There is practically no such thing as a reliable estimate based on coarse requirements. In fact, in my experience, any single task estimated at more than 1 day is a strong indication that the task needs to be broken down further into subtasks.
Even a week-long estimate usually turns out badly. In my experience, most tasks estimated at 1 week without further details end up taking 2-3 weeks, and the problem only gets worse with larger projects.
It's largely psychological. We know that as programmers/designers/architects, we are optimists. When we give ourselves a long, nebulous target to hit, it's incredibly easy to feel like we are ahead of the game even though we really aren't. 4 more weeks? And all I have to do is fix the broken search function that was working last week? That's easy! Let's put it aside and work on some fun Ajax fade effects.
Having said this, there is a particular heuristic I often use for back-of-the-envelope estimates, and let me be crystal clear that these are never actually committed to or used in project plans - they're simply ways to help answer the question that customers and managers always ask, "so let's say we want to do
<some_vague_project>, how long do you think that would take?"
First I identify certain facets of the project, namely:
- Expected lifetime - run-once, temporary, or permanent?
- Originality of project - have we done anything like it before?
- Level of domain knowledge required vs. known - do the specs have a learning curve?
- Volatility - how clear is the scope/ownership, how likely is it to change?
- Impact - will it support/replace a critical business function?
- UI complexity - less than 5 screens, less than 20, or more?
- Is it customer-facing? (If so it will need to go through a zillion revisions)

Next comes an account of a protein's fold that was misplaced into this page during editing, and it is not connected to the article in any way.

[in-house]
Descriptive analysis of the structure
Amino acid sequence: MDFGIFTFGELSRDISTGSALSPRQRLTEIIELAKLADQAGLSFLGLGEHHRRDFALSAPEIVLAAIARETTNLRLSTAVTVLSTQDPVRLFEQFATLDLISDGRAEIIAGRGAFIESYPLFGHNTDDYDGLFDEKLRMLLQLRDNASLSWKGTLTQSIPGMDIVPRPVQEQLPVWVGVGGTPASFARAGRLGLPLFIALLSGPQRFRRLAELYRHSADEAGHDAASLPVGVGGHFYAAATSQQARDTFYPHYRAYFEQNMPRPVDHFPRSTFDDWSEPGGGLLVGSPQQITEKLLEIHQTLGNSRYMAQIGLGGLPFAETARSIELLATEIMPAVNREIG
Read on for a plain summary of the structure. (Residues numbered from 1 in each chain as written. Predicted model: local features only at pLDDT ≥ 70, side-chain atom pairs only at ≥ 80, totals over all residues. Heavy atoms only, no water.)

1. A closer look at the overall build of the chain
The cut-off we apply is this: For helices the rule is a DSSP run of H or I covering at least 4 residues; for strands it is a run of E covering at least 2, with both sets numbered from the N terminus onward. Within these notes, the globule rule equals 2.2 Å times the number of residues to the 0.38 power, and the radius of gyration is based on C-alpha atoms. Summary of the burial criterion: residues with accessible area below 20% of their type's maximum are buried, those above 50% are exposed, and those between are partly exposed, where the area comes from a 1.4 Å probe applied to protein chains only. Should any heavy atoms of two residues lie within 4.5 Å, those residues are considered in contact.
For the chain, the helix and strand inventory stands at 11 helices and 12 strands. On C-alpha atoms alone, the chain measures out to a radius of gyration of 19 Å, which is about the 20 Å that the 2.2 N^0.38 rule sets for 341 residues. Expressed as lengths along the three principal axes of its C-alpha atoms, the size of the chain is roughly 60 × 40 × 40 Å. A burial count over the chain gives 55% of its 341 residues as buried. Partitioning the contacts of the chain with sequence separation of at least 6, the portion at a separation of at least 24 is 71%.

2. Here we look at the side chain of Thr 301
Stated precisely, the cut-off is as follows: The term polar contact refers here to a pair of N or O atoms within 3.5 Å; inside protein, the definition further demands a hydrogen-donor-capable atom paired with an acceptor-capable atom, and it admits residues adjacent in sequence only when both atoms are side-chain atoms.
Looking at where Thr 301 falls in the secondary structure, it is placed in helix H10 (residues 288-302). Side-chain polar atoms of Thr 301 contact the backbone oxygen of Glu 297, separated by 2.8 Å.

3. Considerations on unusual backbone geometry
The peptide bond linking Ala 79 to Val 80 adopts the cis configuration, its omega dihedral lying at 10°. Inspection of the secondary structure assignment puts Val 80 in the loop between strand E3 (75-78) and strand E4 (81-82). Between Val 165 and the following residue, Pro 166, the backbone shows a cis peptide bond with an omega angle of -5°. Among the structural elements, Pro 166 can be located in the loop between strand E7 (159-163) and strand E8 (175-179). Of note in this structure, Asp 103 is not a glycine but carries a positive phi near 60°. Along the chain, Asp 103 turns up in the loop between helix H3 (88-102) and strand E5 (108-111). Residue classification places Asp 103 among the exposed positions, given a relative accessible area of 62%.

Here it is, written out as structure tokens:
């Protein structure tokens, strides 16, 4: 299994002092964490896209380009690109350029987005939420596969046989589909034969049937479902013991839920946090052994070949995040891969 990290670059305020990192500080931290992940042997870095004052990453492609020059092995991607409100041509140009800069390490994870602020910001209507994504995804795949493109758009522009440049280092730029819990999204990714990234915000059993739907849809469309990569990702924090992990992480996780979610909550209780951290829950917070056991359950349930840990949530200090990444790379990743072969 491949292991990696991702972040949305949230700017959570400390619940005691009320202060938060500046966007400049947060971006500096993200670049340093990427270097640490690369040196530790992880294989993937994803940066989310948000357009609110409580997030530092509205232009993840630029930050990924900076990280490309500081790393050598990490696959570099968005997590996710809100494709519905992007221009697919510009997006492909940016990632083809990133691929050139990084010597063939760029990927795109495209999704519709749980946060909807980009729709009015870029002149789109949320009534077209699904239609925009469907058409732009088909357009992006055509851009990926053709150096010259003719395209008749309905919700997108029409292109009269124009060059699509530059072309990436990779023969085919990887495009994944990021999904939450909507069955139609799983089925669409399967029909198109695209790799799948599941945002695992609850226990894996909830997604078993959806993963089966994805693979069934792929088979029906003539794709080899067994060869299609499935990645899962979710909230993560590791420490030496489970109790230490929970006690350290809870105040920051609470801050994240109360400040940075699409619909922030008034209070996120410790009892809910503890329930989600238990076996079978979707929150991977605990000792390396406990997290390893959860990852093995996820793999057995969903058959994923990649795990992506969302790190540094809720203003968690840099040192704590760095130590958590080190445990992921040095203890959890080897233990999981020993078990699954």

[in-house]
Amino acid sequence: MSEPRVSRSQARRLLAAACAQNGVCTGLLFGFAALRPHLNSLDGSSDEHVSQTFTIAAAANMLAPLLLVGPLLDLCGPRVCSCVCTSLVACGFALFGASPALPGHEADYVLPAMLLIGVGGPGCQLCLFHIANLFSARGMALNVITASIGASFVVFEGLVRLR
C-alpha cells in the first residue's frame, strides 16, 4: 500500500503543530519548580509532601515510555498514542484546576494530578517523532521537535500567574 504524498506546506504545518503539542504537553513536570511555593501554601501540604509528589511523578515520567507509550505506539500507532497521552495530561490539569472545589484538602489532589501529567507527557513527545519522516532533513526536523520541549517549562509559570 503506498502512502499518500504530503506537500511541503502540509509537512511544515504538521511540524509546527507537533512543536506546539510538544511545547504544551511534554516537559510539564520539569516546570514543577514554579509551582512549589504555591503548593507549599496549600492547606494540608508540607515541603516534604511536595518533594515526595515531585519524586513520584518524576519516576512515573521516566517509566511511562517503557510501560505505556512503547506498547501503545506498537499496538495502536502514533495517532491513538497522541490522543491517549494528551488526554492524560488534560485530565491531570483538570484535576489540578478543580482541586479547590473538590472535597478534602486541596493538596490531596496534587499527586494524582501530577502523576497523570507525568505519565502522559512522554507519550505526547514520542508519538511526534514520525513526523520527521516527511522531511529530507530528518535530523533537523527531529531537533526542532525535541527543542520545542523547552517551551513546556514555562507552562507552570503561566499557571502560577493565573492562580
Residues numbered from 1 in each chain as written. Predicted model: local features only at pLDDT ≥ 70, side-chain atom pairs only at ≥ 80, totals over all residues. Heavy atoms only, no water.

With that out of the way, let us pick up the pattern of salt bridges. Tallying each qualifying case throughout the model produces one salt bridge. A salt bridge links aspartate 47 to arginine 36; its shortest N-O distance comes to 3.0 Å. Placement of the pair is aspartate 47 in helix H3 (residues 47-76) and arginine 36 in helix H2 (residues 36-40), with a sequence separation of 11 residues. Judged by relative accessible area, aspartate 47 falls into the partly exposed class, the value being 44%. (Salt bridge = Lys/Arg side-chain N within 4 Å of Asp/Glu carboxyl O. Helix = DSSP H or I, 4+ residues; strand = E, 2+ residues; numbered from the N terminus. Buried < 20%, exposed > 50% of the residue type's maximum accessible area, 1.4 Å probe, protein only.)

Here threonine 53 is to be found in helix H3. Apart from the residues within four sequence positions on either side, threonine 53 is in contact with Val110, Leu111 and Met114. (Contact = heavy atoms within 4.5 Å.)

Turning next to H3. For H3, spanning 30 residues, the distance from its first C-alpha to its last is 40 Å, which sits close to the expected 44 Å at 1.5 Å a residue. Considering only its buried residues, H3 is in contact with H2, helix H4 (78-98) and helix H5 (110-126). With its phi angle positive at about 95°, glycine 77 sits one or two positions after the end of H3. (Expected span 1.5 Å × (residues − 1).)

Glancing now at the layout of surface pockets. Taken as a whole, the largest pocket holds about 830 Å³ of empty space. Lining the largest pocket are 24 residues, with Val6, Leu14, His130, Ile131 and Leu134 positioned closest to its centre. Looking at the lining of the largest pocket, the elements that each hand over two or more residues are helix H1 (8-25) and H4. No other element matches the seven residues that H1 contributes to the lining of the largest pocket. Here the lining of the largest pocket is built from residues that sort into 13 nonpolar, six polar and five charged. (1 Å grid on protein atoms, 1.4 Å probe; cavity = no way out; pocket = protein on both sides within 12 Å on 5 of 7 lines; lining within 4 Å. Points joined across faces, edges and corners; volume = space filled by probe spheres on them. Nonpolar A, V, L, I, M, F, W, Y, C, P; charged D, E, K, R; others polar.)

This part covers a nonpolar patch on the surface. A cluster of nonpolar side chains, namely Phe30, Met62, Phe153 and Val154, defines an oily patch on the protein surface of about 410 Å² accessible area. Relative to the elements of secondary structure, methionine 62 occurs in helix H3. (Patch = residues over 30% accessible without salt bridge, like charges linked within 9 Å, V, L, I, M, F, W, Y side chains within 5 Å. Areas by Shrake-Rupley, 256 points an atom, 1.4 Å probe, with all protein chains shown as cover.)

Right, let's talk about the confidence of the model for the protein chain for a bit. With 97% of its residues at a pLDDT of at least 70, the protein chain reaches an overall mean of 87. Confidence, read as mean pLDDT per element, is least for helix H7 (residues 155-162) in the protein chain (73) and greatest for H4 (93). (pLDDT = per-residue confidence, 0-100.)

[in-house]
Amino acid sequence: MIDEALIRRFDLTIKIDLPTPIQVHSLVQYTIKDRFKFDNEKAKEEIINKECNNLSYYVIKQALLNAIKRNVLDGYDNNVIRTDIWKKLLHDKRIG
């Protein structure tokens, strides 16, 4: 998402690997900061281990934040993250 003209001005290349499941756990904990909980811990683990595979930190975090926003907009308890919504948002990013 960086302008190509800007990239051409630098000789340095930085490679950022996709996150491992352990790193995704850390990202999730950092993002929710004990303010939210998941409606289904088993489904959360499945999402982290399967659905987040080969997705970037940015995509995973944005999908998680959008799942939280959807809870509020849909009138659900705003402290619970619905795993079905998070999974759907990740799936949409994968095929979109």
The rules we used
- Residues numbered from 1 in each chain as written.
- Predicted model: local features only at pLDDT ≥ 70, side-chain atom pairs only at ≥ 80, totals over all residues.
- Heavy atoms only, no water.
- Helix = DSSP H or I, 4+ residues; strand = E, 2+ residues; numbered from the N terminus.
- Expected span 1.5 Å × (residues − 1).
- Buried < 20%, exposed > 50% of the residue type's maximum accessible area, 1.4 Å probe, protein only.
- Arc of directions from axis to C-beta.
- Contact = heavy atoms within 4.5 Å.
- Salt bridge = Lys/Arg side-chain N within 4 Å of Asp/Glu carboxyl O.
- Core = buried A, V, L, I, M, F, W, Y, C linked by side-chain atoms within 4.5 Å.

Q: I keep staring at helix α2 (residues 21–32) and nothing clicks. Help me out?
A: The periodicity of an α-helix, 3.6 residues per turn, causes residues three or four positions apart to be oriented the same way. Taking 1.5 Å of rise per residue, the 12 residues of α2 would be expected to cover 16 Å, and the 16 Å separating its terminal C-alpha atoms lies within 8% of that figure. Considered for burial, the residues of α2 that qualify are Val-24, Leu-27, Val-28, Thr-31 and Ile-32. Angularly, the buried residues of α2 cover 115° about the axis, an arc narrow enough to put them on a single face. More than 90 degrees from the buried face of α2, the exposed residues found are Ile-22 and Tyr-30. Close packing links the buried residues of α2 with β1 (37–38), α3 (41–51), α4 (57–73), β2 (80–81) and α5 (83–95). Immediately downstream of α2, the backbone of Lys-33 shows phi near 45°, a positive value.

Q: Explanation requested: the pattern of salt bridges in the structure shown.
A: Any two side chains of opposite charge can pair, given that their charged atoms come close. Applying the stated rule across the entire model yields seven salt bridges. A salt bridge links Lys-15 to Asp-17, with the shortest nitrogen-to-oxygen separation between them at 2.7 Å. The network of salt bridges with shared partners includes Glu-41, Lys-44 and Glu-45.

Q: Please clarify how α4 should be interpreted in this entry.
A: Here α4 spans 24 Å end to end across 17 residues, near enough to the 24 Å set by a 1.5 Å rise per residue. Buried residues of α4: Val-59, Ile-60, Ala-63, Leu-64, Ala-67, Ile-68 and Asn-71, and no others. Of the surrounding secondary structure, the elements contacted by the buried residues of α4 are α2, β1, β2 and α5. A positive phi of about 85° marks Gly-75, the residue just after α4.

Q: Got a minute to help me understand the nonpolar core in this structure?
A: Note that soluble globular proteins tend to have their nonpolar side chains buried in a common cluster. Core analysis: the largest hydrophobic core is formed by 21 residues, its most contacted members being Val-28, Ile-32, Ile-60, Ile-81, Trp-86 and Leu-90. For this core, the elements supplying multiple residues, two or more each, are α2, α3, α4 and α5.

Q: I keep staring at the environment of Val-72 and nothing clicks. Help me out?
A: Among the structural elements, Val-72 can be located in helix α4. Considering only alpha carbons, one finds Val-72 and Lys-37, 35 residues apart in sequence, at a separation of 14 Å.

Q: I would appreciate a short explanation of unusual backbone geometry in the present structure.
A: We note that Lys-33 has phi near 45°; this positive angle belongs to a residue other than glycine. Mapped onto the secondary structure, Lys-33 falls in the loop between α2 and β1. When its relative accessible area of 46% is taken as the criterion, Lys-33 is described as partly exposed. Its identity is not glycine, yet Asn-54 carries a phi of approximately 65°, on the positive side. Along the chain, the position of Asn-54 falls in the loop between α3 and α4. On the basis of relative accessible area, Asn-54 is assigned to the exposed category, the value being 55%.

- Does it need to interoperate with any other systems?
Then I usually assign "points" to each of these (note that this is not a "system", this all happens in my head and usually requires fine-tuning). Tally up the points for an approximate project size:
- No points: 1-2 days (a script)
- 1 point: 1-2 weeks
- 2 points: 2-4 weeks
- 3 points: 1-2 months
- 4 points: 3-6 months
- 5 points: 6-12 months
- 6 or more points: No clue.
Note what I'm doing here - there's a more-or-less exponential rate of growth with complexity. When you add a new wrinkle, such as that the app is customer-facing, that doesn't just add a little extra time to the project, it doubles or triples the time because now everything will take longer as a result of having to be vetted for language, legal, look and feel, etc. Same idea if it's replacing a critical business function; now every single component needs to be written defensively to plan for every possible contingency.
I want to repeat for the record that this is of no practical use in a real project plan and I would never actually commit to a project timeline without breaking down the entire spec into tasks of a maximum size of 1-2 days. This is only for answering quick, off-the-cuff questions when customers/managers effectively ask me to do the math in my head and aren't willing to take "I don't know" for an answer.
Once again, just to be absolutely sure everybody heard me: Do not use this method to create an actual project estimate. It is at best useful for coming up with a minimum baseline project "size", something you can say in a board meeting to set some semblance of an expectation without signing on the dotted line.